The Family Laundry

Henry Ossawa Tanner – Sand Dunes at Sunset, Atlantic City. Circa 1885

A cousin just told me that the Israeli branch of the family is putting out a book that she has seen in advance of publication.  It’s about the immediate forebears of that branch, who are people of large consequence in Israel: equivalent to the Adams family in the early decades of America’s political life.

Naturally, I am aware of this high-prestige branch of the family tree.  Some years ago, it fell to me to reprove a transgression of which I learned, hidden at one node in that lineage.  In consequence, I lost access to the whole kit and caboodle, with all its illustriousness, and had to manage my life without whatever joys or privileges might have come my way had I passed the buck on this one.

Of course, I would have been more than happy to pass the buck, had there been anyone to pass it to.  However, as it happened, I was standing there alone and didn’t see anyone within buck-passing range.  So it was left to me to pen the note of condemnation, sent just to the ones I thought needed it — which cut me off from further contact with the illustrious branch.

Now the children of that generation have put out a gorgeous volume commemorating their people and it looks as if I’d be welcomed back.  Or would be if I spoke Hebrew and had plans to visit Israel any time soon.

I don’t have such plans, being very busy with three book projects, this column and the manifold summonses of my present, over-full life.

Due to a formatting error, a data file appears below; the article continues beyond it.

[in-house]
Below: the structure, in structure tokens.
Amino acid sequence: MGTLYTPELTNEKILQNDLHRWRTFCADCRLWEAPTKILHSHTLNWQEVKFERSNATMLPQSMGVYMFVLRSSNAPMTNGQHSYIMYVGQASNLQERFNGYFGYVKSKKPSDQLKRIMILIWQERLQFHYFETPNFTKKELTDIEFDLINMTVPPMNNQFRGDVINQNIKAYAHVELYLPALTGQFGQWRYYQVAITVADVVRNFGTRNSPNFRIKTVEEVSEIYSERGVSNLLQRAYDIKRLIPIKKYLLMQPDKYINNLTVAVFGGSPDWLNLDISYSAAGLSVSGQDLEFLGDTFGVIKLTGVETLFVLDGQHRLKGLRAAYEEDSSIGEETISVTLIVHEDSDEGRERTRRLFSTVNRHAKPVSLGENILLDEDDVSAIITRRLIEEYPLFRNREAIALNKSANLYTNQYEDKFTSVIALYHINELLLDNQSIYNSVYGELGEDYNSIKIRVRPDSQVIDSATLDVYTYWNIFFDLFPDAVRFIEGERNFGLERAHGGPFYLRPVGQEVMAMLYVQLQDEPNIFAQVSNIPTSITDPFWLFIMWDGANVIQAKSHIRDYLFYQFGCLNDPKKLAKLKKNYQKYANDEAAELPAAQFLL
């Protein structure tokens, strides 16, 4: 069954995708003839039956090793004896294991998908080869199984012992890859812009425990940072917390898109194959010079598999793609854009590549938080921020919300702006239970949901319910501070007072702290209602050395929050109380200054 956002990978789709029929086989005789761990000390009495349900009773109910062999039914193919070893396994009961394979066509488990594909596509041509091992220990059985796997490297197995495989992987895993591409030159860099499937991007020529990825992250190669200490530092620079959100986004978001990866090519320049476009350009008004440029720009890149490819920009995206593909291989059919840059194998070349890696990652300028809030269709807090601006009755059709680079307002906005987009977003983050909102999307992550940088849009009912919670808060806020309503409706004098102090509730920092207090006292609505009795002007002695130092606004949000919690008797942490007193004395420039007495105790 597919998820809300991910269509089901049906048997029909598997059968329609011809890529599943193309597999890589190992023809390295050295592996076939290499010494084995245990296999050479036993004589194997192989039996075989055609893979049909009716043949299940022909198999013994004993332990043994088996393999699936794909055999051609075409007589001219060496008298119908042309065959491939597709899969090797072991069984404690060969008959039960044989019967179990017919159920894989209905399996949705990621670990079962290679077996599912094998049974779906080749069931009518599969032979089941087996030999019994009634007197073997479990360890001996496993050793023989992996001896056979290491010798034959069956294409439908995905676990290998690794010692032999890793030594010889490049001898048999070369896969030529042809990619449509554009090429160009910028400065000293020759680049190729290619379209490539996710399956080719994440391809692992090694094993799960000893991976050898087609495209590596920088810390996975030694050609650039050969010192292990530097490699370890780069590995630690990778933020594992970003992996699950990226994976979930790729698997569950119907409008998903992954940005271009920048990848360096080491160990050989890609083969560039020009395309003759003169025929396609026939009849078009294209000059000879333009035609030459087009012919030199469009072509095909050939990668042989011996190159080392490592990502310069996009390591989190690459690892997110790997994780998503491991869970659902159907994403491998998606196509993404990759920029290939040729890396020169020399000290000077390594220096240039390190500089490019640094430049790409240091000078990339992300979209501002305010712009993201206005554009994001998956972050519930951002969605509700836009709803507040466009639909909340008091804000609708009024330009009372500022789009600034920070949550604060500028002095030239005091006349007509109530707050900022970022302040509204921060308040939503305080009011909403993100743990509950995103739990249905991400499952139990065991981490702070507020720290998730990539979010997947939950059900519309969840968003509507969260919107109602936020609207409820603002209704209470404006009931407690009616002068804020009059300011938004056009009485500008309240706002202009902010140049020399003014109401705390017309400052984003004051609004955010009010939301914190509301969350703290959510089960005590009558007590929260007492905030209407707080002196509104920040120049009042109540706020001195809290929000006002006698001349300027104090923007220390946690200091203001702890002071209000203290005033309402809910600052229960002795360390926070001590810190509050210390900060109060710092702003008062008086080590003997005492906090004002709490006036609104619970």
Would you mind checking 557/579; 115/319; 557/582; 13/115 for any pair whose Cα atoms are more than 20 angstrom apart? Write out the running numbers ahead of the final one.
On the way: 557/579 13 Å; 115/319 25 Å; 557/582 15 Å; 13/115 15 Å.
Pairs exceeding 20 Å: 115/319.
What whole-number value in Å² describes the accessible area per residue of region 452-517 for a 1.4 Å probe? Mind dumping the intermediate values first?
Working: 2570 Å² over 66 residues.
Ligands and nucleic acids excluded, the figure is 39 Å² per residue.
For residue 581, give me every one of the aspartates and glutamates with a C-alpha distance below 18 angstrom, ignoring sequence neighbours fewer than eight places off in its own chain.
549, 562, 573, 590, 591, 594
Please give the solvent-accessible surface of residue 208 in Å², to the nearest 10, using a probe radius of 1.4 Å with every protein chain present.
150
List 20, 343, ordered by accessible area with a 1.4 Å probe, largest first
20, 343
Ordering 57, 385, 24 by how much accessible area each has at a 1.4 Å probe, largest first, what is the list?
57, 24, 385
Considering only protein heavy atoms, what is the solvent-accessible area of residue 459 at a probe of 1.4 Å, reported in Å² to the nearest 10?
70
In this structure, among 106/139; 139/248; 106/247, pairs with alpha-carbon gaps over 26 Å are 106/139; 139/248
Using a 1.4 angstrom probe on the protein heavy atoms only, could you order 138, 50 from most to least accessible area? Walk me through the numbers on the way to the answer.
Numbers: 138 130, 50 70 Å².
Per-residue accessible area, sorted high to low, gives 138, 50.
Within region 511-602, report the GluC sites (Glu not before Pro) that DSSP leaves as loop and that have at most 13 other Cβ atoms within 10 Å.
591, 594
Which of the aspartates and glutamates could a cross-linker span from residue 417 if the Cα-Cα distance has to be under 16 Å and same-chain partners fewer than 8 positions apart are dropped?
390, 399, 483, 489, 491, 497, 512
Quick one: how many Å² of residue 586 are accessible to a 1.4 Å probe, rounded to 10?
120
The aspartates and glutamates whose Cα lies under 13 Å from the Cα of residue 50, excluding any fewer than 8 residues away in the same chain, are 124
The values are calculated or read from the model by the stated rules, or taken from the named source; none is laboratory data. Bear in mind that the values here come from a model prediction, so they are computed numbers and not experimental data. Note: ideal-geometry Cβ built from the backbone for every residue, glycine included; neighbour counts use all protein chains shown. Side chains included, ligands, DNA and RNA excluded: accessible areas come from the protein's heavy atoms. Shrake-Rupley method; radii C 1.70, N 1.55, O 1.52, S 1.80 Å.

Like most of the combats of my life that cost more than I ever wanted to pay, what I feel about this one is simple:

even had I known the full cost,

I would do it again.

In the Bible, the Family Laundry has often been washed in public and the cost of that has been high.

The first time I saw Israel, I was on an El Al flight, circling in the air.  Looking down from high above it, a thought came unbidden:

There it is AGAIN. 

How nice!

They’ve put cities down this time!

So it seems the connection runs pretty deep with me.  To illustrate: it’s only when I’m in Israel that I use the objective case competently.  Grammatical security seems a side-effect of being centered.

I do think the medievals were right about Jerusalem.  It is the navel of the world.  There was an energy I felt there that made my home town of New York seem sleepy by contrast.

On one of my visits, I went with Israeli cousins to a wedding on the Jordan.  Once we were inside the kibbutz, we left our car and switched to a jeep driven by a young kibbutznik.  He spoke an Israeli-accented English.  I sat beside him in the front seat.

“Your kibbutz seems very well located.  You’re on the only fertile stretch in this region,” said I.  “When we were coming to the kibbutz, we saw only desert for miles around.”

“It was desert,” shrugged our driver, gesturing laconically at the soil beneath his wheels.

When we arrived at the outdoor wedding, they were playing rock music on a loud speaker under the stars.  Despite my meager Hebrew, even I could make out the refrain.

Lech lecha!

Those words, sung to a rock beat, were the first God spoke, in Ur of the Chaldees, to Abraham.